As tensions over North Korea rise, another flashpoint of East Asia, the issue of Taiwan, seems to have been relegated to the back burner. Nonetheless, mainland China has never stopped squeezing the self-ruled island at home and aboard.
Early this year, Xinhua, the state mouthpiece of the Communist Party of China, broke years of convention by altering the title of Taiwan’s national sports teams from “Chinese Taipei” to “China Taipei.” This change gained more attention when the predominant state television broadcaster China Central Television and all the other state-owned media followed suit from April 11 in their reports about the 2017 Asian Table Tennis Championships.
The designation of Chinese Taipei is the hard-fought result of decades of negotiations and is officially accepted by both sides of the Strait. The use of this designation is stipulated both in a protocol signed in 1981 between Taiwan and the International Olympic Committee and an agreement between the Chinese Olympic Authorities and their Taiwan counterparts in 1989. The later agreement articulates that “the name of sports delegations and organizations from Taiwan region in the documents, manual, correspondences, and name boards, or from broadcast, complied, issued, or delivered by organizing committee shall be Chunghwa Taipei (Chinese Taipei).”
It might seem a minor difference in English, but it’s a noticeable one in Chinese. The term “Chinese” uses Chinese characters that can be used to refer to either Chinese as a nationality or an ethnicity. Meanwhile, the term “China” refers only to China as a country — and notably is the same Chinese phrase used in the name of the Olympic team from Hong Kong, which is manifestly under Beijing’s authority.
Taiwan thus views the title of “China Taipei” as dwarfing its international status and called it “completely unacceptable.” Before the 2008 Olympics, noticing some mainland media continued to use the title of China Taipei, Taiwan successfully pressured Beijing to abide by the 1989 agreement and to unify the usage of Chinese Taipei. Now by unilaterally violating the agreement, Beijing has further eroded the already slim mutual trust.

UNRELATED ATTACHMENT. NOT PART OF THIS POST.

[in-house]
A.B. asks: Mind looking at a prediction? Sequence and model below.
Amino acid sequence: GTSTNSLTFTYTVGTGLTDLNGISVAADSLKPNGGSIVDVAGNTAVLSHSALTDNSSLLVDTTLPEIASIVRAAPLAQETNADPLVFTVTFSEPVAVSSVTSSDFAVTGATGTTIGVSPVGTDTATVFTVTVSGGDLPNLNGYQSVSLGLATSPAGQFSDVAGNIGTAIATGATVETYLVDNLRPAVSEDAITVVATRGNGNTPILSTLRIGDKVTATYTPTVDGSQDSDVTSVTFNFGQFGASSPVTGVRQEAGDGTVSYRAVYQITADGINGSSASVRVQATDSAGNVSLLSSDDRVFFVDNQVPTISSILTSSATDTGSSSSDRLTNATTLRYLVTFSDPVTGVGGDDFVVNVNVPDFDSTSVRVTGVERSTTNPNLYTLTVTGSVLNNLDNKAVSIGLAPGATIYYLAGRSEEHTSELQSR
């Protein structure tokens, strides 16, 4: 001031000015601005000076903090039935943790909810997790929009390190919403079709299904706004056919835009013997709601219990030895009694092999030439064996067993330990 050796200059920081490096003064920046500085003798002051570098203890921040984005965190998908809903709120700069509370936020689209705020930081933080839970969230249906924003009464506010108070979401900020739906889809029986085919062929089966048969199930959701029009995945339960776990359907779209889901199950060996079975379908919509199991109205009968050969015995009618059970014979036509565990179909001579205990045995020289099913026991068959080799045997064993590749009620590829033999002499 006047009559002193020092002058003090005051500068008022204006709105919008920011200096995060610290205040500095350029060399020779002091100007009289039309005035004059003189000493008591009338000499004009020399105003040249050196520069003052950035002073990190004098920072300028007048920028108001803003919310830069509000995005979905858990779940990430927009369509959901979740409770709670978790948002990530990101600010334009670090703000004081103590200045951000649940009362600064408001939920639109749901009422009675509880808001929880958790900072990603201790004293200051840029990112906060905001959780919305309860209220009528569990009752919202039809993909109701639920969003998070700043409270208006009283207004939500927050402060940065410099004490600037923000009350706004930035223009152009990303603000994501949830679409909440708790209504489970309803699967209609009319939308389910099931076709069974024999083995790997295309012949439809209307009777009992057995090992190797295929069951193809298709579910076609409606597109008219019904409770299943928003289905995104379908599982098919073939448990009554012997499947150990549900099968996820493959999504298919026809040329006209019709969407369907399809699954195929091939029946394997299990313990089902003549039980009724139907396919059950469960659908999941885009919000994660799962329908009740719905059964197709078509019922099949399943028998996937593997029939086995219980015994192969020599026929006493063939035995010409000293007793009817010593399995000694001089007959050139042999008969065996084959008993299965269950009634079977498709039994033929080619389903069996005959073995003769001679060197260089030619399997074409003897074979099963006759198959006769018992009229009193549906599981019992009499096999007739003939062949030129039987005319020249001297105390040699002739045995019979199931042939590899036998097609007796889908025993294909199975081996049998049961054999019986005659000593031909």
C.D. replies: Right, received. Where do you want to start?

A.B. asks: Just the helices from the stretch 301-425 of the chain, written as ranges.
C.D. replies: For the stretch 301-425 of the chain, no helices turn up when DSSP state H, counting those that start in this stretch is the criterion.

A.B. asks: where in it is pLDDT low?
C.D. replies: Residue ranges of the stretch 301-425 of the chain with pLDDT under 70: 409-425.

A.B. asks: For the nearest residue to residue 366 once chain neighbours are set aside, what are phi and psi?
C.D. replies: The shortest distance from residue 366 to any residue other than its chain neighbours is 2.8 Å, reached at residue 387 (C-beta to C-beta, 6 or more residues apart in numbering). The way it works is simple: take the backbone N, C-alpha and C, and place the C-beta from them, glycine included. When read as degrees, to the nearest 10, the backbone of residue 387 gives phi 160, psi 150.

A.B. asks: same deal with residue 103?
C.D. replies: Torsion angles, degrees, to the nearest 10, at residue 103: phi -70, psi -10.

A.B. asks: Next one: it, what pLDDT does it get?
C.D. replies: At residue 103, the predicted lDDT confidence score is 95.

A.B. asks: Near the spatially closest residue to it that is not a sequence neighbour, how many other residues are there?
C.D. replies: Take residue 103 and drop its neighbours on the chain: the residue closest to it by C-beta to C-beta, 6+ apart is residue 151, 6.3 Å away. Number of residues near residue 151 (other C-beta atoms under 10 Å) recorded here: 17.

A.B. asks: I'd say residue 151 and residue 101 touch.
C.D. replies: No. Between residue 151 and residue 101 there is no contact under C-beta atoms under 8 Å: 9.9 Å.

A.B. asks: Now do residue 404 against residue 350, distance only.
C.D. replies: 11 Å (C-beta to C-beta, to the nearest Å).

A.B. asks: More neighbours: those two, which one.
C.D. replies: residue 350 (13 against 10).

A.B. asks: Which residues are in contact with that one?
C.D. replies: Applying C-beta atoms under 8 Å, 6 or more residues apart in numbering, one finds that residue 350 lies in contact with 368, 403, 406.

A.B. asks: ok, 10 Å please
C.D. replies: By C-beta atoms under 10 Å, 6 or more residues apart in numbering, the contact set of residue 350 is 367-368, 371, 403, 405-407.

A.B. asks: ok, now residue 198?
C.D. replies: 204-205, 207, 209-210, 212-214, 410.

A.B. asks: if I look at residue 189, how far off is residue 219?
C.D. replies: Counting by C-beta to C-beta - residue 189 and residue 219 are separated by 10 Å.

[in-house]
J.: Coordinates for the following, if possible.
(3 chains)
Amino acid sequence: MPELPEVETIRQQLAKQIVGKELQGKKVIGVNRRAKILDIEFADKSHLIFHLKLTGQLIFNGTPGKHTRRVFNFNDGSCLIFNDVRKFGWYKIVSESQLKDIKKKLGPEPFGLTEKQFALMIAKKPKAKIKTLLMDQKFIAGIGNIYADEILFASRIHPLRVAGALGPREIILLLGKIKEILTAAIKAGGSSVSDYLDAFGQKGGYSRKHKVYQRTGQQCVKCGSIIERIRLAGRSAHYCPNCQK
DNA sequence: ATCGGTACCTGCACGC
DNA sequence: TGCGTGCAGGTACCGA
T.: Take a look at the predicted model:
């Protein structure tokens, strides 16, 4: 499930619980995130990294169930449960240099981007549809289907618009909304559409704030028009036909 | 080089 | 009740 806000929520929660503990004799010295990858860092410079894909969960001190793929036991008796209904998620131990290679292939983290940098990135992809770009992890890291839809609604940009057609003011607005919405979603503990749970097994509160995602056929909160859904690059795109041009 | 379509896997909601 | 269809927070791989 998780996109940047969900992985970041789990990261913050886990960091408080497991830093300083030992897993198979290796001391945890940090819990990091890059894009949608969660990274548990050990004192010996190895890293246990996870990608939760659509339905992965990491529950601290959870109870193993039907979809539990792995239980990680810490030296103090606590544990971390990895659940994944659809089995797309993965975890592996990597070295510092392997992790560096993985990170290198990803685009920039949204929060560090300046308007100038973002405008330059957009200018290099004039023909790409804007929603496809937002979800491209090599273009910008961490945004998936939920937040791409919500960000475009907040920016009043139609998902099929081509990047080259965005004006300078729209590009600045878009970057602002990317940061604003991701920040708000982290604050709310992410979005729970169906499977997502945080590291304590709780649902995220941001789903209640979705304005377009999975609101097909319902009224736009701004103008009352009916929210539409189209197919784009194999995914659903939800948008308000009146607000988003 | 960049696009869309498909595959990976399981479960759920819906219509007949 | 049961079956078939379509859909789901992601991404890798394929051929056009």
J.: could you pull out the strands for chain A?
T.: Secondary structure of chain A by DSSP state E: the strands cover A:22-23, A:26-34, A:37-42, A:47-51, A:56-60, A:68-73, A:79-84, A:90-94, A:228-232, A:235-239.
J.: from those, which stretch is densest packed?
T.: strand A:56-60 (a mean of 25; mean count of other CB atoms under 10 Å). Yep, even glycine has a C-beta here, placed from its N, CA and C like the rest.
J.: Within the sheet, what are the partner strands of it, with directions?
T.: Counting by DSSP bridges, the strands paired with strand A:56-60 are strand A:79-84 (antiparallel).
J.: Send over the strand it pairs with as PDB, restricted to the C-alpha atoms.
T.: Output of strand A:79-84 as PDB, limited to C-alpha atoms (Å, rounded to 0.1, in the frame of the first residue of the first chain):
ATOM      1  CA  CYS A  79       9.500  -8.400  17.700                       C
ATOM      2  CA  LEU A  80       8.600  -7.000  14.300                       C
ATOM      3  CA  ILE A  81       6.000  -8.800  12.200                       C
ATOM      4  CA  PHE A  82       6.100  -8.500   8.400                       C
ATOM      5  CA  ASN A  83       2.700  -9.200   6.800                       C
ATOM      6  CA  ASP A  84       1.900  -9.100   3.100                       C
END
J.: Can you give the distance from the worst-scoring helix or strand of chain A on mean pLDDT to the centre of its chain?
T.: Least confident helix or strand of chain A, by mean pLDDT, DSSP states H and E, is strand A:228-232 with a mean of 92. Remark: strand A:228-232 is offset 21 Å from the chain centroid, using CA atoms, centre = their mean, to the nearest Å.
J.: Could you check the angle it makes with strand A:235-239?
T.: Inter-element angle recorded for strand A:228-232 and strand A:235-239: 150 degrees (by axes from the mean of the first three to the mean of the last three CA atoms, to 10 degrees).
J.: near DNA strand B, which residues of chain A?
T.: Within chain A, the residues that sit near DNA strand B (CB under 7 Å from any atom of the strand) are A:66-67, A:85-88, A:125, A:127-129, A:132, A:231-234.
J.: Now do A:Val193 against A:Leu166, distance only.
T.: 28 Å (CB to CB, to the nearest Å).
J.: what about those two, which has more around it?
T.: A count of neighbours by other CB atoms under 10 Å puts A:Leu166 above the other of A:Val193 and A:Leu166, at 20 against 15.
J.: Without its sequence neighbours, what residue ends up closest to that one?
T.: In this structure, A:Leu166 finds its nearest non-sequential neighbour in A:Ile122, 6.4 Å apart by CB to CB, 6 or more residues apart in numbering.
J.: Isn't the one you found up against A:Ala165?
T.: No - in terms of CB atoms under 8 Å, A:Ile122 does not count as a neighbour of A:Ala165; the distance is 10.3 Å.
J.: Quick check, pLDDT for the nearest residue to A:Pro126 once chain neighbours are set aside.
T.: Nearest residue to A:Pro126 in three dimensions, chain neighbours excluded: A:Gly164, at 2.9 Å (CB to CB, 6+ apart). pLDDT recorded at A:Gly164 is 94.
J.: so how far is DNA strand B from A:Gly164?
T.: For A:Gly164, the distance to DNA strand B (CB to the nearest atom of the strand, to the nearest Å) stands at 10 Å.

Other acts also include Beijing’s detainment of a Taiwanese human rights advocate, Lee Ming-cheh, on suspicion of being a threat to national security in March and the subsequent decision to bar his wife from visiting.
Chinese squeezing overseas has raised more eyebrows. On May 1, the Chinese government delegation rudely interrupted the welcome ceremony at the Kimberley Process meeting in Perth, Australia to force the host into ejecting a group of Taiwanese observers, a behavior that an Australian official described “disgusting” and “extraordinary. This is not the first time international organizations, acting at China’s behest, have shut their doors to Taiwan since Tsai Ing-wen from the independence-leaning Democratic Progressive Party (DPP) took office as president in May 2016. Last year, the International Civil Aviation Organization (ICAO) and International Criminal Police Organization (Interpol) snubbed Taipei’s requests to attend assembly meetings. And this week, with the World Health Assembly (WHA) taking place in Geneva and no invitation for Taipei, Taiwan braced for another diplomatic blow.
All of these scenes provoke a sensation of déjà vu, recalling the pre-2008 days when Beijing and Taipei were engaged in a protracted standoff and a contentious diplomatic rivalry. Nonetheless, one critical distinction stands out — Taipei now has much less leverage to strike back. Moreover, with the Trump administration swinging hard in a policy direction contrary to his harsh campaign rhetoric and appearing to appease China in exchange for its cooperation over trade and North Korea, Taiwanese have every reason to feel chills running down their spines.
Indeed, we should admit that at least until now, Beijing has yet to go into hysteria by initiating an all-out propaganda attack against Tsai and the DPP, partly thanks to the consistent self-restraint in Tsai’s cross-strait policy. Beijing’s small tricks are unlikely to trigger a crisis.